Barenaked Ladies, All in Good Time [2010]

Posted by Greg , Tuesday, July 6, 2010 6:38 PM


Buried within All in Good Time is Barenaked Ladies' hardest-hitting record, if you take the time to find it.  The messy departure of vocalist Steven Page weighed heavily on the band while writing these songs, and this is no more obvious than in those sung by former co-lead (now just lead) vocalist Ed Robertson, particularly on the ballad "You Run Away," angry rocker "I Have Learned," and jaunty "Golden Boy."

The trouble is, though, that the potent bitterness of this "breakup" album is diluted by more introspective, outside-looking-in contributions from keyboardist Kevin Hearn and bassist Jim Creegan.  Undoubtedly, the remaining members made a decision to feature every vocalist in the name of band solidarity.  But while their combined five songs provide a probably more accurate/complete account of Page's exodus, they divert attention from the more cohesive picture presented by Robertson.

An argument can be made that it's important to include these perspectives, but the record suffers artistically for it.  While Creegan is a revelation (where have they been hiding this guy so long?), Hearn has written better songs, particularly on Barenaked Ladies Are Me/Are Men.  Indeed, even Hearn's best track from these sessions (at least among those that have been released), "Let There Be Light," was inexplicably relegated to vendor-specific bonus track.

Likewise, the track order gives the impression that the record is more mid-tempo, burying Robertson's heavier tracks in the second half.  For an album with so many rockers, the listener should not need to wait seven tracks to hear the first one.  With that in mind, I'd like to propose an alternate track order:

1. You Run Away
2. Ordinary
3. Four Seconds
4. I Have Learned
5. On the Lookout
6. Every Subway Car
7. Summertime
8. Let There Be Light [iTunes bonus track]
9. How Long
10. Golden Boy
11. I Saw It
12. Moonstone [Amazon bonus track]
13. The Love We're In

"You Run Away" retained the leadoff track position only because there are no other songs in from these sessions that have the feel of an album-opener.  Ideally, I would have like to put it as track 3 or 4, the typical location of a ballad radio single.  Either way, I would have released "Every Subway Car" as the lead single, with "You Run Away" as the follow-up.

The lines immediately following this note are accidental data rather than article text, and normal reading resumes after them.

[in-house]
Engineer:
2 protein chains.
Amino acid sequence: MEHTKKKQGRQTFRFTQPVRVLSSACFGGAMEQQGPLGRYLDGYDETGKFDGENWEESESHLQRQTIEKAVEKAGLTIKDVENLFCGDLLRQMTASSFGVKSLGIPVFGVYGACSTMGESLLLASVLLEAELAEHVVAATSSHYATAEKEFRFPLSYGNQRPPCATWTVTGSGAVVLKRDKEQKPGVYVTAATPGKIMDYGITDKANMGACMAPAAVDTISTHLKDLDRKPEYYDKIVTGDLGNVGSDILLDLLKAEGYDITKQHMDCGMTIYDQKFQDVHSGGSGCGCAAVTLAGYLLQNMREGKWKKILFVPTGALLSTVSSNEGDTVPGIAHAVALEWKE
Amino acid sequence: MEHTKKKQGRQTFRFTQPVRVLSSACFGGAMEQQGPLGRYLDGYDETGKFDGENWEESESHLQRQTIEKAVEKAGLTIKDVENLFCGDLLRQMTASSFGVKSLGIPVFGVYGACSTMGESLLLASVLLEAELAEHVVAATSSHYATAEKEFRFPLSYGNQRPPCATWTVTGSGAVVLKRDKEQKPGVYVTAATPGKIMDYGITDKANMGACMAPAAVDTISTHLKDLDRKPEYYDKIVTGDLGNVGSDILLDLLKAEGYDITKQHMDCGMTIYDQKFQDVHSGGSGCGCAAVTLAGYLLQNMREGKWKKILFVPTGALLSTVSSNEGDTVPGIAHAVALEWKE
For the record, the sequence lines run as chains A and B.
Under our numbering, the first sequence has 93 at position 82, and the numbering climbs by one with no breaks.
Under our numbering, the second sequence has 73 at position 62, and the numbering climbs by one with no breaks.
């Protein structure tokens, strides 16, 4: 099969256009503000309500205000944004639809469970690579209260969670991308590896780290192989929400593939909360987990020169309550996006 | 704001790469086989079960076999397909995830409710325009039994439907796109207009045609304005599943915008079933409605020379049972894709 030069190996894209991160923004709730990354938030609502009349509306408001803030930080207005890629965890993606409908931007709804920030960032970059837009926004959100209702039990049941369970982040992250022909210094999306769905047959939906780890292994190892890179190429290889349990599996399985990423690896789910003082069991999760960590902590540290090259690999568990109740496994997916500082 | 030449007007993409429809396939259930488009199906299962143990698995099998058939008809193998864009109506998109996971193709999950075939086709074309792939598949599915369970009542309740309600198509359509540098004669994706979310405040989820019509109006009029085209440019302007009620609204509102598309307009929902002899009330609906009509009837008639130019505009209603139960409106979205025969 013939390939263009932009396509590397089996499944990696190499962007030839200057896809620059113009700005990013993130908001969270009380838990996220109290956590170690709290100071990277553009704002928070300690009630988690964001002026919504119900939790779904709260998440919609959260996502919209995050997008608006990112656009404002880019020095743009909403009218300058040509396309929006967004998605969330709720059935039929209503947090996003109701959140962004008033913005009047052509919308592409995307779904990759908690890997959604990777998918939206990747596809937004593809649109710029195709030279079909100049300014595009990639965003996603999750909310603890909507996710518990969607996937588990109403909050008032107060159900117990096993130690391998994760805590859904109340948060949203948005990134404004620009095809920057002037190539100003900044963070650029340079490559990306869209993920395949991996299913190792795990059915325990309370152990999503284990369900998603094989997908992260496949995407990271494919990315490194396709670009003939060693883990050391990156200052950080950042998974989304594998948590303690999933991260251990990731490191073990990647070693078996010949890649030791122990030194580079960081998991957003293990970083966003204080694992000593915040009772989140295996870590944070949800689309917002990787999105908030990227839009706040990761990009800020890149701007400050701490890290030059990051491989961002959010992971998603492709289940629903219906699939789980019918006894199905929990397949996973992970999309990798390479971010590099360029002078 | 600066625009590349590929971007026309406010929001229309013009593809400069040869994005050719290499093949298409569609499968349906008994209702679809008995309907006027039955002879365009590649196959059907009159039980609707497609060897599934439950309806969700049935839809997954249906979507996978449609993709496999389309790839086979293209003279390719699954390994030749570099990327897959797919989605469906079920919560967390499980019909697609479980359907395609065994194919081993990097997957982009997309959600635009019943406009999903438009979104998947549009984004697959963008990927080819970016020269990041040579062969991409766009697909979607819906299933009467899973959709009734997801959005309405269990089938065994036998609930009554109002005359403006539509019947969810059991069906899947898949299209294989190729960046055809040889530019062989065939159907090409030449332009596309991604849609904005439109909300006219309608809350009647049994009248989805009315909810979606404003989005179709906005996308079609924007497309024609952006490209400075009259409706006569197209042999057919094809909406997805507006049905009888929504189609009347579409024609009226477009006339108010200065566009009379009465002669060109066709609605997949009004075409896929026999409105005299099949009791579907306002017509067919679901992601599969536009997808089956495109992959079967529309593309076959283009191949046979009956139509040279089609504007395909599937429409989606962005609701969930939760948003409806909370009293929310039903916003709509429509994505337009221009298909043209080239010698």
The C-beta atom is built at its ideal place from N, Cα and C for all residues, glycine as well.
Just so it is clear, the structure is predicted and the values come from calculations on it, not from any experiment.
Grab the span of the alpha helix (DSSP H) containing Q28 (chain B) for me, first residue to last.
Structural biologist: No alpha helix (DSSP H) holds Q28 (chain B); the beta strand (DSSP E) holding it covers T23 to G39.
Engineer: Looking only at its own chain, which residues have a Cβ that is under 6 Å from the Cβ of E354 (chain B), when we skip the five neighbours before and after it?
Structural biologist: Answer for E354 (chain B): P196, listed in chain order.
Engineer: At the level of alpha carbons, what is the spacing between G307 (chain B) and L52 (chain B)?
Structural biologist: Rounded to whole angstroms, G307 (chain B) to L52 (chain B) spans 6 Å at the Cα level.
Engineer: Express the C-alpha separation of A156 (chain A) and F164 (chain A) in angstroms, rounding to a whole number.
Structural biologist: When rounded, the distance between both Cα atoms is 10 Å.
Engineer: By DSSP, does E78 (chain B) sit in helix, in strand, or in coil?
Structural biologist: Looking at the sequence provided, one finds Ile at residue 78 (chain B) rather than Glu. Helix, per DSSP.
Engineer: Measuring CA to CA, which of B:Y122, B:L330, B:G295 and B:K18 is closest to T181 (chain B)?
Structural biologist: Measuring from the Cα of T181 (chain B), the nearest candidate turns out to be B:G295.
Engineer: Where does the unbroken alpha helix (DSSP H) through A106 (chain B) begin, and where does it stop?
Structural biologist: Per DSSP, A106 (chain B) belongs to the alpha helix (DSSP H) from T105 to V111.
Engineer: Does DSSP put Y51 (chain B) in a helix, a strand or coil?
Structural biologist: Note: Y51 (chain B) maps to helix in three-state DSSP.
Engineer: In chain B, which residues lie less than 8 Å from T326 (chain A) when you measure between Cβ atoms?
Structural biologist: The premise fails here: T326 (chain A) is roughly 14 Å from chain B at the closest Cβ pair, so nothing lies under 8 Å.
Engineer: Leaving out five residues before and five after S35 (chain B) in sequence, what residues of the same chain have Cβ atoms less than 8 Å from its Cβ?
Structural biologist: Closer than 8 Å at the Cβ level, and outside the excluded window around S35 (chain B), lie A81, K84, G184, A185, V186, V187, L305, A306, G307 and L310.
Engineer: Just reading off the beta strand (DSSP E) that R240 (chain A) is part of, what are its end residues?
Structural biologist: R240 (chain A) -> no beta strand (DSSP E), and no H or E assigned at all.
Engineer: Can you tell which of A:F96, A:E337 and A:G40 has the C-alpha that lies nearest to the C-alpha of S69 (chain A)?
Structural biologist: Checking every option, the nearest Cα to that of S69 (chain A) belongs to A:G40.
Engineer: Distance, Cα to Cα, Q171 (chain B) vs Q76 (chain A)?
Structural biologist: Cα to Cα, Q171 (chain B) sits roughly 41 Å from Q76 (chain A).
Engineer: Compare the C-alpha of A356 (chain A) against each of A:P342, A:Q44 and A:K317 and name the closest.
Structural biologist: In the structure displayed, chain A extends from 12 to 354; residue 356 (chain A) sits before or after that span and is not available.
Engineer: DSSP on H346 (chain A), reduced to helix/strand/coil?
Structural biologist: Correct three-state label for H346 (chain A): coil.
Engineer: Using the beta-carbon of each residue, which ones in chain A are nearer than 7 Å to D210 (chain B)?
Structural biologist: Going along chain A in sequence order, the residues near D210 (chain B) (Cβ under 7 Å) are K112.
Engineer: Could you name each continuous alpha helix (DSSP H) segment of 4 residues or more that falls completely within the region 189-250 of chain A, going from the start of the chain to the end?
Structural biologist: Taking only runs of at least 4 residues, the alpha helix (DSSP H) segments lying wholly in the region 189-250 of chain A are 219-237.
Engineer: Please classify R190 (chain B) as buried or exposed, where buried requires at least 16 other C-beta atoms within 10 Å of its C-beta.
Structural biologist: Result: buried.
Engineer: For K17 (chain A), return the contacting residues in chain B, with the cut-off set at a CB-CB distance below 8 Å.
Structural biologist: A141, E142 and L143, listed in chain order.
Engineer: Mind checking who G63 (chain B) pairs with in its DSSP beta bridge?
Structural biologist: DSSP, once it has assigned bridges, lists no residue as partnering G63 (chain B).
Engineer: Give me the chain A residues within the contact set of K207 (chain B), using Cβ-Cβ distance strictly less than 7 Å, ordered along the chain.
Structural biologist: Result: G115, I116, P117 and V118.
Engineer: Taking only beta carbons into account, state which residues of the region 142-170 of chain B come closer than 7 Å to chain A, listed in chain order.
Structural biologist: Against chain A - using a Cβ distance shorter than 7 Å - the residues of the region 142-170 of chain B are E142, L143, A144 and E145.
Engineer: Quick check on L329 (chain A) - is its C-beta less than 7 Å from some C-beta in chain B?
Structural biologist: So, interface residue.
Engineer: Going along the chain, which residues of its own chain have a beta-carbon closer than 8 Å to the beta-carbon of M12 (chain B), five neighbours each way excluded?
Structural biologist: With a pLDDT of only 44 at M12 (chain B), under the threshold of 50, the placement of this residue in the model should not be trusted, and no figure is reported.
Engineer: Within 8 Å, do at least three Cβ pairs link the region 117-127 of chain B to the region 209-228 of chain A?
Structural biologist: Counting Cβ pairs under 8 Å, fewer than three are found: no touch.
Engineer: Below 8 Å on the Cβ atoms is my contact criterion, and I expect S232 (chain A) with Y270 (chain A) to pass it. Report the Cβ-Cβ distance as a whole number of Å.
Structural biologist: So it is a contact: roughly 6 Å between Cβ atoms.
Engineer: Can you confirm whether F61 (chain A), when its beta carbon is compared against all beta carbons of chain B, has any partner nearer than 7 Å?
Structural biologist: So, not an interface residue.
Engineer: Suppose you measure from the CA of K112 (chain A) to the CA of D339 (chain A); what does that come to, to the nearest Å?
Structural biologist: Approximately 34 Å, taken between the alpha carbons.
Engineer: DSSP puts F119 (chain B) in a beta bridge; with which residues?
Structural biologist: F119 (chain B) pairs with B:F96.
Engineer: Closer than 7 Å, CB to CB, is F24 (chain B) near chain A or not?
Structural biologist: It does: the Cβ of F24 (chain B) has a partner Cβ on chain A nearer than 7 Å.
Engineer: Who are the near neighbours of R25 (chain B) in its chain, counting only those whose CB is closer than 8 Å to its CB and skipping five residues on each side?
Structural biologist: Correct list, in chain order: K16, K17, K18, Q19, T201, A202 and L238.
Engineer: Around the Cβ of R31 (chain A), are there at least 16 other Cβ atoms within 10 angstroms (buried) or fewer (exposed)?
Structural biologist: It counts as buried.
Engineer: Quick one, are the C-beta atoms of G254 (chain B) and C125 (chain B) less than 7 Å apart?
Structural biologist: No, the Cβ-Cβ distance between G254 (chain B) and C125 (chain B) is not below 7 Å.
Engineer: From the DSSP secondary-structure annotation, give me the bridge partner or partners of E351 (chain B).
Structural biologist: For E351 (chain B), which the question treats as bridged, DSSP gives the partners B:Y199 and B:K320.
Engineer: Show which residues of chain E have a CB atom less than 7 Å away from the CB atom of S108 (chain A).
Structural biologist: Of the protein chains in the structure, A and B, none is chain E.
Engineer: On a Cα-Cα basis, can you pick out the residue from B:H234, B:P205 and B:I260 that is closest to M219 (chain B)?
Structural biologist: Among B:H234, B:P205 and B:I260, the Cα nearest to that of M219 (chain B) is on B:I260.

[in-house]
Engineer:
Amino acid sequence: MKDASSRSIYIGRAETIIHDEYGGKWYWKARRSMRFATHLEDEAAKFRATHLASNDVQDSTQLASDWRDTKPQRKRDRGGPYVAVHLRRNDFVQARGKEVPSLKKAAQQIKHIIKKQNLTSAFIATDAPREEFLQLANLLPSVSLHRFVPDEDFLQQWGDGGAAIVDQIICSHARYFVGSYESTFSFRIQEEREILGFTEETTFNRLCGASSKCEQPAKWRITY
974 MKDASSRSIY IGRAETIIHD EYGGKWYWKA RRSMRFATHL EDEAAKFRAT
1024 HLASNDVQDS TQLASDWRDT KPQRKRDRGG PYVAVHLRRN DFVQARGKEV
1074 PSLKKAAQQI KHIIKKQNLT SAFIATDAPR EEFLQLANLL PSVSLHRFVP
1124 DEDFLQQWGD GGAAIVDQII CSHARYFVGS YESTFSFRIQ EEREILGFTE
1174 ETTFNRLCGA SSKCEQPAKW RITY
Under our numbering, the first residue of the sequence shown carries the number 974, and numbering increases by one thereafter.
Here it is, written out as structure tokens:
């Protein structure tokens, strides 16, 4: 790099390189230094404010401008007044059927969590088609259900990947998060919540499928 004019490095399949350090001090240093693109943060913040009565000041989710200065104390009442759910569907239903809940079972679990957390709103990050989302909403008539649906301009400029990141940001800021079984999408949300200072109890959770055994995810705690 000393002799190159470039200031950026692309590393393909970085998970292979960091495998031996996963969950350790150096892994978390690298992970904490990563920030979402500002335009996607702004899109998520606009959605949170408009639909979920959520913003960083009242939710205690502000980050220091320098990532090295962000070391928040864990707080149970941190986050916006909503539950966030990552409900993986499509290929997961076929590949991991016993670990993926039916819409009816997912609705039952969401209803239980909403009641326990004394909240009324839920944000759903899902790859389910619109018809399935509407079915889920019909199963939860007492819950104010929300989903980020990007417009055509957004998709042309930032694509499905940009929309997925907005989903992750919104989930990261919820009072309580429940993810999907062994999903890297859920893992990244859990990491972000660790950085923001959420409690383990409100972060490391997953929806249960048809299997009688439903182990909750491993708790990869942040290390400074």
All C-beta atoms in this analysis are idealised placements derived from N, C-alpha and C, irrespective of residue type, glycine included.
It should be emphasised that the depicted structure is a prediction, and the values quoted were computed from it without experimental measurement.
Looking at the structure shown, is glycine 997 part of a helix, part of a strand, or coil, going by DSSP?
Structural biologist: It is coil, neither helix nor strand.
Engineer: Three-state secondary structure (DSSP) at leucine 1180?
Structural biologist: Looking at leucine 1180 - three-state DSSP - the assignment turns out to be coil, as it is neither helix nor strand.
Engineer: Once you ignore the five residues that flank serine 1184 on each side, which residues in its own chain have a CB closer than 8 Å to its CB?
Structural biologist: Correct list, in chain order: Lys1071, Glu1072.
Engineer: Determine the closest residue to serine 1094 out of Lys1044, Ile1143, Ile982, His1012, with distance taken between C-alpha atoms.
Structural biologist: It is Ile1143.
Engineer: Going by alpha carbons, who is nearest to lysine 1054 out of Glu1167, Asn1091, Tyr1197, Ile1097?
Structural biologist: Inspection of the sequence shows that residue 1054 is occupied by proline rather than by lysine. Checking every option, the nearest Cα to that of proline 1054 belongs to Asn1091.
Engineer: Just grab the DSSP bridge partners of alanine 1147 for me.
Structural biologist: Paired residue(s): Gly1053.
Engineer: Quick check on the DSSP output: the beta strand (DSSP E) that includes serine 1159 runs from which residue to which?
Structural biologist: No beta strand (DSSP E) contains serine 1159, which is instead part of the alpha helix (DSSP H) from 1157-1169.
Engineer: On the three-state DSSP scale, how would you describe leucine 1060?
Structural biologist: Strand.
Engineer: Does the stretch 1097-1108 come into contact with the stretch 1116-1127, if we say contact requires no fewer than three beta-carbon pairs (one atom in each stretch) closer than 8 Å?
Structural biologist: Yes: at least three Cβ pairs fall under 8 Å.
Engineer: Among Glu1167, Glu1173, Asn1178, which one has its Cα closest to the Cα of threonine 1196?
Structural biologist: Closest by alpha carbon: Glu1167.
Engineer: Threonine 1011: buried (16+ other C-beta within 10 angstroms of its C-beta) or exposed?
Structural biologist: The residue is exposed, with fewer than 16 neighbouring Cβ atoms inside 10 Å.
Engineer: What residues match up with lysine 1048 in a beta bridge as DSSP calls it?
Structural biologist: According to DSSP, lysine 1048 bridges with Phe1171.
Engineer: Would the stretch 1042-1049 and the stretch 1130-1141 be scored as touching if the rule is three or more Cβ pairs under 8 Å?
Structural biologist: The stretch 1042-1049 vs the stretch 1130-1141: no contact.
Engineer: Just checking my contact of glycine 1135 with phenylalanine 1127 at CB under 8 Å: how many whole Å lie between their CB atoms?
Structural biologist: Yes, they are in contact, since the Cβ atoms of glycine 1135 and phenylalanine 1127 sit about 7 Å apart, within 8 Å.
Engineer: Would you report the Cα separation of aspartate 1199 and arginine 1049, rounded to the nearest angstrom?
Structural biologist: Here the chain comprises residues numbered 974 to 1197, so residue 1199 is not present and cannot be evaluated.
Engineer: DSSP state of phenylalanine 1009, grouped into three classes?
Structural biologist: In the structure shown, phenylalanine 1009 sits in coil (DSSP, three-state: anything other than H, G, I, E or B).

Still, this tracklisting achieves a stronger rock feel than the original All in Good Time, while retaining vocal contributions from Hearn and Creegan.  For a shorter, tighter album (11 tracks), any two of "On the Lookout," "I Saw It," or "Moonstone" could be removed, but I think that pushes the album too far into Robertson-solo territory.  After all, it's supposed to be a Barenaked Ladies album.

Either way, with the modified album above, reviewers could confidently call All in Good Time the hardest rocking record in the entire BNL catalog, moreso even than Stunt or Maroon.  That's the review I'd like to give, and it'd be accurate with the original version if your attention is focused on the latter part of the record.  It's frustrating, too, because notwithstanding a few logistical missteps, All in Good Time is the best Barenaked Ladies album in a decade.

Every Subway Car:


Golden Boy:

4 Response to "Barenaked Ladies, All in Good Time [2010]"

Andrea Says:

Sooo, is it just me or does this sound like a completely different band rather than just a new member?! Granted, I don't think I've heard a new BNL song since circa 1999; however, had I heard either of those on the radio, I'd still think that the case. They were unrecognizable to me. It's like their tone has changed, less jocular, perhaps?

Greg Says:

No new members; they just lost one of the two primary vocalists. The man singing in the two songs I posted also sang "Pinch Me" and the rap in "One Week" ("Chickety chein of the chinese kitchen...).

You're correct that they've matured over the last decade, but BNL have always had more "serious" music than their singles would suggest. Had I posted "Four Seconds" from the new album, you likely wouldn't have had the same reaction.

Andrea Says:

I guess I have you to blame for my shock and awe then.

Greg Says:

Or you've only heard "One Week" and "If I Had a $1000000"...

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